In April 2018, The Marie Colvin Journalists’ Network held its first ever workshop on mental health in Ramallah. Members from the West Bank met to share their experiences in working under occupation. They worked with Palestinian therapist Laila Atshan and yoga instructor Nouran Nassief to find ways to cope with the emotional stress and overcome the challenges facing them at work and in their personal lives.
Every time I interview the mother of a martyr or a prisoner I end up carrying an extra burden that is intolerable to me
It wasn’t easy for me to consider taking part in a workshop on mental health because I was afraid I’d discover that I need counselling. This was enough for me to hesitate. But then I realized that I needed help to face life’s hurdles, which became worse with the recent death of my mother. I was constantly afraid that I would lose my job as a journalist, I was afraid of lack of opportunities, not to mention the social injustices against Palestinian women in Hebron. Every time I interviewed women there I felt that I was carrying their burdens with me. I suffer from those problems and injustices as well.
The Israeli occupation is still the main reason for our daily suffering. Aside from its daily transgressions against us, I get scared every time I interview the mother of a martyr or a prisoner because I end up carrying an extra burden that is intolerable to me. I suffer from daily restrictions on my freedom to move and travel. Those restrictions were the reason why I couldn’t see my mother in her final moments. She was being treated in Jerusalem, and I cannot go there without a permit.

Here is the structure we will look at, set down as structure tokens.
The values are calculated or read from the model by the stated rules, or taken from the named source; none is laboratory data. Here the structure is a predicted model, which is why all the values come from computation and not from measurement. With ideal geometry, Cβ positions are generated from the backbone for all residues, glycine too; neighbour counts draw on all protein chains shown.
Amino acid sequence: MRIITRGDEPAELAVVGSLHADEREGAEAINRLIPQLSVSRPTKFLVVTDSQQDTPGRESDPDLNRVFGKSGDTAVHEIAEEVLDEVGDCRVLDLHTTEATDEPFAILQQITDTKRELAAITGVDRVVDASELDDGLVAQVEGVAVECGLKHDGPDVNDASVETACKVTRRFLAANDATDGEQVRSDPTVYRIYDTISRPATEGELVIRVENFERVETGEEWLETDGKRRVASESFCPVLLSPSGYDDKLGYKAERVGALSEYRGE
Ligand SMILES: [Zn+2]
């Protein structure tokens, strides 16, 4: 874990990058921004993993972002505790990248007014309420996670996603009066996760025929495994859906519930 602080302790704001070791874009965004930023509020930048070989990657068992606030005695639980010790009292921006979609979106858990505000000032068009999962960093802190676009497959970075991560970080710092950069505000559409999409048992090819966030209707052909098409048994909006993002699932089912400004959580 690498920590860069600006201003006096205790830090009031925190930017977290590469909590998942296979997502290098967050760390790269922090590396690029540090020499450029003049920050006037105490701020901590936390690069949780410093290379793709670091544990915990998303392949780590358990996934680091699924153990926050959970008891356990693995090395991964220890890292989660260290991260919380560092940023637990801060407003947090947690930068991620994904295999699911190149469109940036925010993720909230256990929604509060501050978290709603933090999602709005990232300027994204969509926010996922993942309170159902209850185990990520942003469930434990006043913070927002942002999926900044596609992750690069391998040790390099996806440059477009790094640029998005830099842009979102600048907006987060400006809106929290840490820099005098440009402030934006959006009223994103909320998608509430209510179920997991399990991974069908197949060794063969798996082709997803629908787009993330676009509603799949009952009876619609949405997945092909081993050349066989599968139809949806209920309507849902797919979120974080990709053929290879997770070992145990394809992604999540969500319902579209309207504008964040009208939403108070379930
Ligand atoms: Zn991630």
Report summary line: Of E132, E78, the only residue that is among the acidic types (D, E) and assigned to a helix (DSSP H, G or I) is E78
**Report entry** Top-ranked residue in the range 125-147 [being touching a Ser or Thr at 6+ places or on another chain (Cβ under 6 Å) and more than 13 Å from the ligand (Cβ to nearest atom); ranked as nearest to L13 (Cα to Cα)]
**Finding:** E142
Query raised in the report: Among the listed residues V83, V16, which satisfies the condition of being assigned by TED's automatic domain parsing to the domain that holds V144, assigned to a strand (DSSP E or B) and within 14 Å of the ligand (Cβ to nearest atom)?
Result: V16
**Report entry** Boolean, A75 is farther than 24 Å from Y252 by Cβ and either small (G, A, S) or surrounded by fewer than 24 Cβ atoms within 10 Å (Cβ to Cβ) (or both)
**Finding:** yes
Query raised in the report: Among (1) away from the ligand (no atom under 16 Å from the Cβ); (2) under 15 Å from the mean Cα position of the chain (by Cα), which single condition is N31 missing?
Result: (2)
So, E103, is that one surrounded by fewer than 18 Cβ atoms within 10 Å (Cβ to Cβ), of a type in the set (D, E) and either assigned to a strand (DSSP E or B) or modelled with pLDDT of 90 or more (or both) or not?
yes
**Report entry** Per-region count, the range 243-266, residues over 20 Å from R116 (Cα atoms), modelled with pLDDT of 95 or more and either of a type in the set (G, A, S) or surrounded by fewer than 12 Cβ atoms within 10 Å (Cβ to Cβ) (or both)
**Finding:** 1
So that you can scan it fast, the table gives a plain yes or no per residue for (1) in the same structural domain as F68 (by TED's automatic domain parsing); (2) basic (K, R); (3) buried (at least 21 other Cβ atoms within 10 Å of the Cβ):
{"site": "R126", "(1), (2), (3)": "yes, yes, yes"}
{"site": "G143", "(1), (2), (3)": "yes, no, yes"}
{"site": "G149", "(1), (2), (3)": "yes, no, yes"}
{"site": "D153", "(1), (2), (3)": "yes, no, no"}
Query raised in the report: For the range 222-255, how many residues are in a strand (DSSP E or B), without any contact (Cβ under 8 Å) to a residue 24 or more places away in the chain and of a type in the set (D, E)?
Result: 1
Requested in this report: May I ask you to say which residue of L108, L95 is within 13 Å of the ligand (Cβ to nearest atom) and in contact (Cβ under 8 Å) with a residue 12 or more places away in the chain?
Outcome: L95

How can I endure all this pain and anger? I realised that I should seriously consider speaking with an expert to help alleviate some of this burden. In this workshop, Dr. Laila Atshan has helped us confront our problems by bringing us closer as a group. We felt comfortable in each other’s company and we broke our silences and spoke openly about everything without fear or shame. Laila succeeded in making this happen because she was close to us, and we felt a ‘spiritual’ connection with her. I don’t know if this is the appropriate phrase but this is truly how I felt.
Laila Atshan (she specifically asked us not to call her ‘doctor’) was able to reach within us and find some internal peace; both within ourselves and towards others. In this workshop, I was able to make peace with myself – to understand who I am and what I want. I am not exaggerating when I say that those two days were the most beautiful days I’ve had recently. We cried and laughed and played.
We started off with group sessions where we talked openly as a team. Then, we worked in pairs as colleagues, and we talked in more detail about things we wouldn’t normally confront, even when we’re alone.
In this workshop, I was able to make peace with myself – to understand who I am and what I want. We cried and laughed and played
The best thing about Laila is her sense of humour and her ability to confront her difficulties. She listened attentively and worked on banishing all negative thoughts and helping us change the way we look at things through exercises and games, as well as sharing her own personal stories.